Corn appears a second time as corn gluten meal. The AAFCO definition of corn gluten meal is “the dried residue from corn after the removal of the larger part of the starch and germ, and the separation of the bran by the process employed in the wet milling manufacture of corn starch or syrup, or by enzymatic treatment of the endosperm”. In plain English, that which remains after all the nutritious bits have been removed.

The next ingredient is by-products. It is impossible to ascertain the quality of by-products and these are usually products that are of such low quality as to be rejected for use in the human food chain, or else are those parts that have so little value that they cannot be used elsewhere in either the human or pet food industries. The AAFCO definition of chicken by-product meal is “a meal consisting of the ground, rendered, clean parts of the carcass of slaughtered chicken, such as necks, feet, undeveloped eggs and intestines, exclusive of feathers, except in such amounts as might occur unavoidable in good processing practice.”

Animal fat is a further low quality ingredient and is impossible to determine the source. Unidentified ingredients are usually very low quality. AAFCO define this as "obtained from the tissues of mammals and/or poultry in the commercial processes of rendering or extracting. It consists predominantly of glyceride esters of fatty acids and contains no additions of free fatty acids. If an antioxidant is used, the common name or names must be indicated, followed by the words "used as a preservative".

This food uses chemical preservatives (BHA, BHT) which is believed to be carcinogenic, and is banned from use in human food. It also uses artificial colourants.

The 6th and 12th ingredients are fragments of wheat. The use of wheat is a significant negative: wheat is believed to be the number one cause of allergy problems in dog food. This is another ingredient we prefer not to see used at all in dog food.

So - your dogs may be ok now....... but will they be ok in a couple of years time?

Perhaps Wayne you might like to take this off line - as this is now really getting off the beaten track on Koi Nutrition - and I will show you how you can feed you dogs a 100% balanced and complete diet - which you can make yourself from home and it will nto cost you an arm and a leg! Yes, there are natural foods you can buy - but you can also make your own food - which I can guarantee you will result in your dogs living a longer, happier and healthier life!

You have my personal email - feel free to email me if you wish to pursue this!
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PostSubject: Re: Aqua Master shortage   Aqua Master shortage - Page 2 Icon_minitimeMon Apr 27, 2009 4:03 pm

Oh, and I nearly forgot!
Congratlations Chris!
You are a OUPA!!!!
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PostSubject: Re: Aqua Master shortage   Aqua Master shortage - Page 2 Icon_minitimeMon Apr 27, 2009 4:24 pm

Thanks Julie, ill chat to you later. You know from a consumer and pets owner point of view i was under the impression that i was doing pretty well as those chunky nugget things from pedigree is very expensive. My dogs chow roughly 20kg of pedigree in a month. And pedigree does have very nice packaging. bounce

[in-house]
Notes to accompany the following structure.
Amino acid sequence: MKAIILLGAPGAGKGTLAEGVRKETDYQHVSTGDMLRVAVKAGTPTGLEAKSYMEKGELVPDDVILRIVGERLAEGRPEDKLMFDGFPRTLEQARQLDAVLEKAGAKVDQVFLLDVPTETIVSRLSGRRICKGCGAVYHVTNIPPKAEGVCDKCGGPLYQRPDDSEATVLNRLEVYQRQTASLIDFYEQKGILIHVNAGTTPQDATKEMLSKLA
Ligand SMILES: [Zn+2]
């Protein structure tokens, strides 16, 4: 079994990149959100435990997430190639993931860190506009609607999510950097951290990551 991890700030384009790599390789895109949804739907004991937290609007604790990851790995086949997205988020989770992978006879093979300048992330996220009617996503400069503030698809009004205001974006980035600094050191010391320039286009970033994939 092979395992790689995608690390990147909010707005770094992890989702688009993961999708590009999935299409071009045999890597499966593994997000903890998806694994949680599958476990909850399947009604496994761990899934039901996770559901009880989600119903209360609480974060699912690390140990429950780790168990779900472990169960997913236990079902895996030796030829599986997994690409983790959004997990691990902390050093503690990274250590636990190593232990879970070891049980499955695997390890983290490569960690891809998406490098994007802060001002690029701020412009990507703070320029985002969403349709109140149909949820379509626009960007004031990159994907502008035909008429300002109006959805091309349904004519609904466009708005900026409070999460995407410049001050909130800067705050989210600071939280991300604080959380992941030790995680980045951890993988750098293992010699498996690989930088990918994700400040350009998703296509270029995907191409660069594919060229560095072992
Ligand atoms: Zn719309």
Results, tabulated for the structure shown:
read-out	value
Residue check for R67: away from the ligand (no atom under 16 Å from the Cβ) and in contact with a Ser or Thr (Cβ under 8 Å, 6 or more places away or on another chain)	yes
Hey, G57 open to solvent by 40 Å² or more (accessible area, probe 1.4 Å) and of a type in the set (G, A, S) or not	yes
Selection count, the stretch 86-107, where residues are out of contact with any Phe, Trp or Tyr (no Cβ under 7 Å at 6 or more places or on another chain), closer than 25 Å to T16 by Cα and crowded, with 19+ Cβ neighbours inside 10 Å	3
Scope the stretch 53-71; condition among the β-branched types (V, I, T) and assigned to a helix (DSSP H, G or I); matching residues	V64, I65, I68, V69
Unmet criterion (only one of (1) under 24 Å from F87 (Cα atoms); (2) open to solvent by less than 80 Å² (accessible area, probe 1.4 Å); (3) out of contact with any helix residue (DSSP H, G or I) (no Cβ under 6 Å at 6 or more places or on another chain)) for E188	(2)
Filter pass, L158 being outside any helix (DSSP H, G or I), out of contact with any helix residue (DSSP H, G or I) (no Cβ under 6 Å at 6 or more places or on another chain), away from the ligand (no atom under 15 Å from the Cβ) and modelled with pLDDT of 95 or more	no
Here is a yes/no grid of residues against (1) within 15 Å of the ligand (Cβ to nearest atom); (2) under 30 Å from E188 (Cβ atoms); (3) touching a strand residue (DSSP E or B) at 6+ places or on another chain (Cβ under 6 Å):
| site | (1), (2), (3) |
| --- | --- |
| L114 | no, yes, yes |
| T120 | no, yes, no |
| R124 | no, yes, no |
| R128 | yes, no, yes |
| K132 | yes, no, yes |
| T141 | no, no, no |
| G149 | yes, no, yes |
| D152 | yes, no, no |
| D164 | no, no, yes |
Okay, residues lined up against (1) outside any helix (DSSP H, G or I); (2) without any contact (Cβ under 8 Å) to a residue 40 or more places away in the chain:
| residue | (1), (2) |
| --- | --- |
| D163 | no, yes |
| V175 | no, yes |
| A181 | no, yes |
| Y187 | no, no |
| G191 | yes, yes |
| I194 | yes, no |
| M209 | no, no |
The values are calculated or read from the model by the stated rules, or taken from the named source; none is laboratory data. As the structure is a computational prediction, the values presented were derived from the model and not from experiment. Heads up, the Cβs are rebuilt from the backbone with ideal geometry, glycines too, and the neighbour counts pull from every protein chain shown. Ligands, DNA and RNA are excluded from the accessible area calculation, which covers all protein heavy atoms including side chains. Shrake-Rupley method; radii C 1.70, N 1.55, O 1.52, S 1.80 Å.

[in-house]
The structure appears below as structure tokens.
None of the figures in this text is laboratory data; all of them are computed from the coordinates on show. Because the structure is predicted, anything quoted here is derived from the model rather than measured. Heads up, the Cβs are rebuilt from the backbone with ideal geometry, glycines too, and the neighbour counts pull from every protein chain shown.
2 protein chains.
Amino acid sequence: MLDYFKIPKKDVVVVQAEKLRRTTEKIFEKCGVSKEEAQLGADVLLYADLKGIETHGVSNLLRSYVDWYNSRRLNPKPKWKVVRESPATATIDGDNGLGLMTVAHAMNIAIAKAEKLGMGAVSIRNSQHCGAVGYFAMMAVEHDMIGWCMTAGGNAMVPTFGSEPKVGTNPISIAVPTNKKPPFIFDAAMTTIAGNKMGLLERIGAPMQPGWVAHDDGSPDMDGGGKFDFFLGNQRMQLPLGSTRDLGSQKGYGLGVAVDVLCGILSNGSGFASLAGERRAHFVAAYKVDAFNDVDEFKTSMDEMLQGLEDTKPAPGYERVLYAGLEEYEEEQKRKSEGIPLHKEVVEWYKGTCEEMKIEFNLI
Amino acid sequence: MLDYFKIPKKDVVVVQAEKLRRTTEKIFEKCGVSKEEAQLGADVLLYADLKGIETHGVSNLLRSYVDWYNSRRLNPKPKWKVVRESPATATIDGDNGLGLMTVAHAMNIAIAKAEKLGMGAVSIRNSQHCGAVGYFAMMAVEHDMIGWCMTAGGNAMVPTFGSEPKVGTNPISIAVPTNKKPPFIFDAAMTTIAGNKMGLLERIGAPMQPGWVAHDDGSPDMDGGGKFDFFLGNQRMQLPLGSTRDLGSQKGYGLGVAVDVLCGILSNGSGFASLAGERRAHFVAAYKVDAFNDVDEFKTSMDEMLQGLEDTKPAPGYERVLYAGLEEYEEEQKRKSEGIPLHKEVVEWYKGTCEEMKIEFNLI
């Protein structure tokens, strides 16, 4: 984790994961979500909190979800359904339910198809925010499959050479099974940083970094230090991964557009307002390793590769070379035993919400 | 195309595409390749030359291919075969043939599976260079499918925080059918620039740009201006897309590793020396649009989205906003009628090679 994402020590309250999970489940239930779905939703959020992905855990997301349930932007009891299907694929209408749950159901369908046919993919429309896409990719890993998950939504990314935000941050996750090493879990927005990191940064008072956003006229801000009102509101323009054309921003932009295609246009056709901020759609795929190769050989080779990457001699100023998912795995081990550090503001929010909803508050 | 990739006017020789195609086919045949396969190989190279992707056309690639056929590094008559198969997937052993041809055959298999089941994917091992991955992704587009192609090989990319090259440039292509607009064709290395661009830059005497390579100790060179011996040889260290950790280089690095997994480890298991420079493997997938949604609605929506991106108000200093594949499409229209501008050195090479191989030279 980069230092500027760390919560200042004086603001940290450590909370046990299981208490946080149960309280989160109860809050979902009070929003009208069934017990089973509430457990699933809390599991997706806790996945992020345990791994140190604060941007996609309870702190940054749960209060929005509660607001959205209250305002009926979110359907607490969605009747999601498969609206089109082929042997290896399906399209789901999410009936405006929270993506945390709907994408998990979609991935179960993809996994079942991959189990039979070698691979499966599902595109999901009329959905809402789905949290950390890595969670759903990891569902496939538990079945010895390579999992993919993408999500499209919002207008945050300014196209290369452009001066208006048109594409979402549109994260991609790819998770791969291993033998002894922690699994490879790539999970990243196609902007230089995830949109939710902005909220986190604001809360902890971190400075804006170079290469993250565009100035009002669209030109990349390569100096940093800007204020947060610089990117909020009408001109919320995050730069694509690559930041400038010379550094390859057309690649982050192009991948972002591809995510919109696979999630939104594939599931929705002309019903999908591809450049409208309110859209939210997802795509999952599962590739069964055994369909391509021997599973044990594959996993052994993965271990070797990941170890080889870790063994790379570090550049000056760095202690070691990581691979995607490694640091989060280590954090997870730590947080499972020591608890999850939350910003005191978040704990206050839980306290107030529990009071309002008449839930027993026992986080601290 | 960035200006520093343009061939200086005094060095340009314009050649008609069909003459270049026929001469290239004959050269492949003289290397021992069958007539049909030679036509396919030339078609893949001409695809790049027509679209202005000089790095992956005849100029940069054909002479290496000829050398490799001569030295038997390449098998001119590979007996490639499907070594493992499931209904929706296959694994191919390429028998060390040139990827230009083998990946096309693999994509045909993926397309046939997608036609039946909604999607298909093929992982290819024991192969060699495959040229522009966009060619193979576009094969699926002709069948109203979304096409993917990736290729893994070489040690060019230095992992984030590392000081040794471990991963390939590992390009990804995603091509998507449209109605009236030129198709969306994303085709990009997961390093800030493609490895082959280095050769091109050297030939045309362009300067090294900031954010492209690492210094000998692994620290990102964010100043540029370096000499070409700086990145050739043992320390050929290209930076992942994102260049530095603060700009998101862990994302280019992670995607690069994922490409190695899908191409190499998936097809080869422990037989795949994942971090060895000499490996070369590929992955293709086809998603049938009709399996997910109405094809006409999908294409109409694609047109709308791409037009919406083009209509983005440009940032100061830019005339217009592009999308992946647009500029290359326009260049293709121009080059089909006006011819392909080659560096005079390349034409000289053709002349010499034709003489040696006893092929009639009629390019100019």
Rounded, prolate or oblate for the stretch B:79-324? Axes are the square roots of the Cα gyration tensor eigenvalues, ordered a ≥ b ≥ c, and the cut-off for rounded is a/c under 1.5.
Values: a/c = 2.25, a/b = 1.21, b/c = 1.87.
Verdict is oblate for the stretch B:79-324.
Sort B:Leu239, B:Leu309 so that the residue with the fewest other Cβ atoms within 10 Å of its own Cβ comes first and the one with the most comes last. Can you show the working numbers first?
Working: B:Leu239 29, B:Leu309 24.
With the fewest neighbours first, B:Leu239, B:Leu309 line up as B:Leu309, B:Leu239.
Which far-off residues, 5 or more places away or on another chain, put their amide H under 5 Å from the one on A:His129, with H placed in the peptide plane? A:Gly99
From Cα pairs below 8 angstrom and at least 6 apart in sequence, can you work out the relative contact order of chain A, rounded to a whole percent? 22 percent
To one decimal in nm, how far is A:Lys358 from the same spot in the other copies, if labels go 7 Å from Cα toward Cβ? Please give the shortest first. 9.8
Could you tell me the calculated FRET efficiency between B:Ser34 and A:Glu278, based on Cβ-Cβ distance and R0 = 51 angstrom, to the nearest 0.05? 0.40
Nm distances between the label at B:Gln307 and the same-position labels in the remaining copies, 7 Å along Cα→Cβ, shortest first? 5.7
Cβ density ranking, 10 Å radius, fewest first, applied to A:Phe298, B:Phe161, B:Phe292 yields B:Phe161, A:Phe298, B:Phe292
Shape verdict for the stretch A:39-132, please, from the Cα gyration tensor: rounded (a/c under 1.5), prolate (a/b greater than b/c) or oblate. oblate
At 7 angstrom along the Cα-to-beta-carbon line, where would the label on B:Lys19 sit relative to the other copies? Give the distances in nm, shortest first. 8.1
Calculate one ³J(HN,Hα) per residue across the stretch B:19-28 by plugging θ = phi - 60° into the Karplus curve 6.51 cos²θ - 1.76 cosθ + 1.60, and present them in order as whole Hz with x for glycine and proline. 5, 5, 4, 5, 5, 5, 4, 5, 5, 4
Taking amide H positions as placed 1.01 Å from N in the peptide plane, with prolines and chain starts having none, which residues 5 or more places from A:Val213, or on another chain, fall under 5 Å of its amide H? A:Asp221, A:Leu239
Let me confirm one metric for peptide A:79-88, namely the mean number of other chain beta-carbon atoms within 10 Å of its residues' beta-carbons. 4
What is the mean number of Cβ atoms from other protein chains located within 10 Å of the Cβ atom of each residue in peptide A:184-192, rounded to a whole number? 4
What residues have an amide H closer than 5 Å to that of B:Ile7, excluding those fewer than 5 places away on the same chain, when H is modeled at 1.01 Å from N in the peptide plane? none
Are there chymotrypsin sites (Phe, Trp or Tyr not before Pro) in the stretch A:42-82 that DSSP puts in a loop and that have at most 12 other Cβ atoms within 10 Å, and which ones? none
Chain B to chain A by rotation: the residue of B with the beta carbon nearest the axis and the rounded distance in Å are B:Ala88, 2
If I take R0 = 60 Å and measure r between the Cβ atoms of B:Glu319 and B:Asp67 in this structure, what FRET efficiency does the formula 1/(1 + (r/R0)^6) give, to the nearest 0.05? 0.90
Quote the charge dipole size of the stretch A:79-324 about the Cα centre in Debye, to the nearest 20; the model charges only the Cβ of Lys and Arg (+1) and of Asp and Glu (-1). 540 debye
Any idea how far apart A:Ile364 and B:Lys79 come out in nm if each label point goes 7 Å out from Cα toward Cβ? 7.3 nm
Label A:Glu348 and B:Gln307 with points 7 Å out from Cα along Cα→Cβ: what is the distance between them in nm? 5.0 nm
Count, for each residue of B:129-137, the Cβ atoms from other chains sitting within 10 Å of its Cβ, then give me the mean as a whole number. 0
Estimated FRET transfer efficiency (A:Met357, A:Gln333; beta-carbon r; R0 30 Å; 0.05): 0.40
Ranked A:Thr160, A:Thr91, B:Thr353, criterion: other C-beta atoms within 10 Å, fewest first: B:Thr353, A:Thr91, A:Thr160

Coming back to this discussion:

The part i am most excited about is this from chris neaves

"If we can get what is “ideal” we can look at it and see if it’s practical and even what it would cost."

Julie maybe you can make some suggestions regarding ingredients. I know we will never come to 100% agreement but maybe something better in general for all. Maybe this will be the birth of a new fish pellet. affraid

Not wanting the offend chris or shogun but there are some things that i would like improved maybe we can all make suggestion and Oupa chris Laughing can listen / take note. I would not mind to pay slightly more for better local made product. Chris your glossy packaging is 100% Wink

1. Some of the shogun pellets sink imediatly as they hit water and they fall apart if they are not eaten immediatly. My bottom drain and diffuser combination is very efficient and pellets that sink are drawn into the bottom drain within seconds causing the food to be wasted and adding to the maintenance of the pond.

2. Batch consistancy - This is basically just an adendum to above, some batches sink others dont.
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PostSubject: Re: Aqua Master shortage   Aqua Master shortage - Page 2 Icon_minitimeMon Apr 27, 2009 4:41 pm

Extract/Copy from this site, different viewpoint interesting reading matter
http://nlsfishfood.com/index.php?option=com_content&task=view&id=29&Itemid=63&limit=1&limitstart=3

Protein - The Building Blocks:

Many hobbyists seem to get hung up on the protein percentages that are shown on fish food labels, without truly understanding exactly what those numbers mean.

The protein percent on a fish food label doesn't really tell you anything about the quality of the protein. The value of protein is directly related to the amino acid content, such as Arginine, Histidine, Isoleucine, Leucine, Lysine, Methionine, Phenylalanine, Threonine, Trytophan, and Valine, which essentially are the building blocks for muscle and growth. The protein percent shown on a label doesn't tell you how that protein was processed, or if it's even in a form that your fish can properly digest and utilize. Unless that protein can be fully digested by your fish, the crude protein percent on a label becomes somewhat meaningless.